Fig. 6.18 Examples of zero-force members.

Remark: a member can be a zero-force member in some loading situations and be a non-zero force member in other loading situations. For example, if a force is added at joint B in Fig. 6.14, then members BC and BA are no more zero-force members. Therefore, for a member being a zero-force member depends on the loading of the truss. Although a zero-force member has no force (under a particular loading of a truss), it serves the stability, and rigidity of the truss.

The method of sections

In the method of joints, we need to start the analysis at a joint with a maximum of two unknown forces. Then, going from joint by joint until the member forces of interest are obtained. This procedure may be cumbersome if the member of interest is far from the joint we start with. As an alternative, the method of sections may give us a faster solution.

The method of sections is based on the fact that if a planar truss is in equilibrium, any section of the truss is also in equilibrium. Therefore, any section separated by an imaginary cut from the truss is a rigid body in equilibrium and the following equations of equilibrium hold for the FBD of the section.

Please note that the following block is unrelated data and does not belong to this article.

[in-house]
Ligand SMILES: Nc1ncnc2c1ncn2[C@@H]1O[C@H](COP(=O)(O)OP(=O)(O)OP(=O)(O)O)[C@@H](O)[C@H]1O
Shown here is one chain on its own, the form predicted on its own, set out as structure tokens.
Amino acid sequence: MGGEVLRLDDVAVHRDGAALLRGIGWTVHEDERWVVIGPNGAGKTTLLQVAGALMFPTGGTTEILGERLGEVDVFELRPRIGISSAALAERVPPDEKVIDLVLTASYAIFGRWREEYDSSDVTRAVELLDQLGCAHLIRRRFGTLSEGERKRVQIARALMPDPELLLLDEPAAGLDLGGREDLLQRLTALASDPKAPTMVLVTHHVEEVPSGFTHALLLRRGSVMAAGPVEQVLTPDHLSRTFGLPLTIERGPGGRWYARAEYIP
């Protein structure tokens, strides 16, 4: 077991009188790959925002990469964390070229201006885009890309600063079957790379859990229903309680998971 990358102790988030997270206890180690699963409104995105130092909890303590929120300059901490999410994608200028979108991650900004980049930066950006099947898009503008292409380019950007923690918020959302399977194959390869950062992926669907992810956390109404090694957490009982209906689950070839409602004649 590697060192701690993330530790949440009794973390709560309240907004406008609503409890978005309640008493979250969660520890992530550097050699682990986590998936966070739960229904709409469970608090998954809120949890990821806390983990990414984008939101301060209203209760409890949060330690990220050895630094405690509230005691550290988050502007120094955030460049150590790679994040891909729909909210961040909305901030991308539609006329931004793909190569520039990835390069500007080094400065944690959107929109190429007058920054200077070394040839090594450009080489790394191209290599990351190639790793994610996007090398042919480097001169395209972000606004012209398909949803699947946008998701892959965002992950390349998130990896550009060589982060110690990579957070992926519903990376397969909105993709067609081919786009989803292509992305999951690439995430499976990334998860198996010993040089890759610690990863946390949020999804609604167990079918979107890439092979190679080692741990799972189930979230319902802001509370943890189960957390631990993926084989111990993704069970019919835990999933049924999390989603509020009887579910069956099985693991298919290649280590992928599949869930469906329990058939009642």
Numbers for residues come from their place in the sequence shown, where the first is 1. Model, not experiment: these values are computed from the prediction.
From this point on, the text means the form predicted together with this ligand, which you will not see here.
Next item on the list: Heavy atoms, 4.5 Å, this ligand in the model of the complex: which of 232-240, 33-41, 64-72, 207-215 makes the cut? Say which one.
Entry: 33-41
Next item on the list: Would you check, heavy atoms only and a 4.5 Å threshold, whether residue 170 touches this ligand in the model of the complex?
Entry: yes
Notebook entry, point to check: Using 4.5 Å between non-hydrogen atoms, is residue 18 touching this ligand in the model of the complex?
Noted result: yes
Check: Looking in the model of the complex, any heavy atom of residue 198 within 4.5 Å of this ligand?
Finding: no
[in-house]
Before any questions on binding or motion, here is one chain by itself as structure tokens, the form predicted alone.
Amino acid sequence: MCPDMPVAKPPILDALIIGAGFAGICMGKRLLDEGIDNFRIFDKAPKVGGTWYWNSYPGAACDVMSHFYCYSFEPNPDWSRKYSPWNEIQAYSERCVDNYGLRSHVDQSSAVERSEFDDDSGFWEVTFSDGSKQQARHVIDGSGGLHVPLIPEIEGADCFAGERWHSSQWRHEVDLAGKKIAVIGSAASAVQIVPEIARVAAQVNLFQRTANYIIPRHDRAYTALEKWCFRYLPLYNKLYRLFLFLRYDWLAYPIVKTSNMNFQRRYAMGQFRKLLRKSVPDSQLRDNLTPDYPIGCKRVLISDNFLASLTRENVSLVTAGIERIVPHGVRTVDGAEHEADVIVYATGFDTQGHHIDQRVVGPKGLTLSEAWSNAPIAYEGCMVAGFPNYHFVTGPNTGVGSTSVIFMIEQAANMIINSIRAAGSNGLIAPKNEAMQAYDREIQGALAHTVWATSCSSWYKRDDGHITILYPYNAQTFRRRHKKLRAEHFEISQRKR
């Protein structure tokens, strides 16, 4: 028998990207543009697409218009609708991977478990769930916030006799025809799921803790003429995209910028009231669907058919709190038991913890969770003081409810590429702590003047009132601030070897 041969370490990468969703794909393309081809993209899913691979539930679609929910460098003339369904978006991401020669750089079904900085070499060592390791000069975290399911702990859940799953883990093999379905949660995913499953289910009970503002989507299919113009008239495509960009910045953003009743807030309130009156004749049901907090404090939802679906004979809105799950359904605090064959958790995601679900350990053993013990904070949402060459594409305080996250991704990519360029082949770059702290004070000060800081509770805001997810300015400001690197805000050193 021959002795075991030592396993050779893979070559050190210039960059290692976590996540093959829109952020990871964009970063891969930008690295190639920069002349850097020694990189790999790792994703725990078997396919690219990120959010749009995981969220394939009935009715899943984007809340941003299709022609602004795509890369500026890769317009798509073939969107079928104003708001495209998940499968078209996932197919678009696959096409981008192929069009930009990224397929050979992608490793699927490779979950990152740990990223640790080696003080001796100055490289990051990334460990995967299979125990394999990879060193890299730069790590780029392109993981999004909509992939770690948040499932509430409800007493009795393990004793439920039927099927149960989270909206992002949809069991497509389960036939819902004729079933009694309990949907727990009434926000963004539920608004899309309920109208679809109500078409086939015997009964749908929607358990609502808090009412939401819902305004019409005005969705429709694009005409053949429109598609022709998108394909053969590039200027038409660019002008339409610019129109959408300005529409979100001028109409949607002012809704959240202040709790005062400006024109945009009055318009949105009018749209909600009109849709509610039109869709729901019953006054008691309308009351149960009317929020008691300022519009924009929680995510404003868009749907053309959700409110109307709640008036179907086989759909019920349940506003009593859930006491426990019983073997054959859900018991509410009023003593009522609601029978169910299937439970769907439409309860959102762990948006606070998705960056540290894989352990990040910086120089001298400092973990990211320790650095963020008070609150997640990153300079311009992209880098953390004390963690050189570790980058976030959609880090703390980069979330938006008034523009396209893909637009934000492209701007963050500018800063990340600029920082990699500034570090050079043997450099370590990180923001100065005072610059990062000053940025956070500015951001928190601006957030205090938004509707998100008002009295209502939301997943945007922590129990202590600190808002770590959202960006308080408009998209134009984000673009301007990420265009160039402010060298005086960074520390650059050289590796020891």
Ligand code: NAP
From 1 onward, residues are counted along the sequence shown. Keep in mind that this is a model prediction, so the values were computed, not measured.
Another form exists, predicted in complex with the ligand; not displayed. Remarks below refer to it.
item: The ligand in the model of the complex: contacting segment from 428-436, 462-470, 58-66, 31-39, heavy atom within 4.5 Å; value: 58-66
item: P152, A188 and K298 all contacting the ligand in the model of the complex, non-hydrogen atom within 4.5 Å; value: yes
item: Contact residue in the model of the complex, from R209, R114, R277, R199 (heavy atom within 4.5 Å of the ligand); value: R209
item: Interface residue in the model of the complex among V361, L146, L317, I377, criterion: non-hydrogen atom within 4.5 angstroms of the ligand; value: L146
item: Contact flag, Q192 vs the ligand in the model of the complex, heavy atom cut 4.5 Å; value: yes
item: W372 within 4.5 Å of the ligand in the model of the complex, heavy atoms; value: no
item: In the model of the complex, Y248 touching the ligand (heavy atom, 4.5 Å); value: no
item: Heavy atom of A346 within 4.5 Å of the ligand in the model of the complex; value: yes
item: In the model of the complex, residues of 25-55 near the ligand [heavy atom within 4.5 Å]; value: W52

\[\begin{split}\sum F_x &= 0\\\sum F_y &= 0\\\sum M_O &= 0\end{split}\]

where O is a point in the plane of the truss (on the truss or not). The three equations of equilibrium can be solved for at most three unknowns. The unknowns in an analysis of a truss can be the member forces or/and the support reactions. This method is illustrated through the following example.

Consider the truss shown in Fig. 6.19. The forces in the members EG, EF, and DF are to be determined. We take the following steps to determine the forces.

Fig. 6.19  A simple truss.

1- Determine the support reactions. For this problem, we need to determine the support reactions and use them for other equilibrium equations later. In some cases, we may not need to know the support reactions. The support reactions can be determined by solving the equations of equilibrium of the truss as one rigid body. Considering the FBD of the truss (Fig. 6.20), we write,

    \[\begin{split}\overset{+}{\rightarrow}\ \sum F_x &= 0 \implies B_x=0\\+\uparrow\ \sum F_y &= 0 \implies B_y + H_y -10-20 = 0\\\circlearrowleft{+} \sum M_B &=0\implies\ (H_y)(9)-(20)(6)-(10)(3)=0\end{split}\]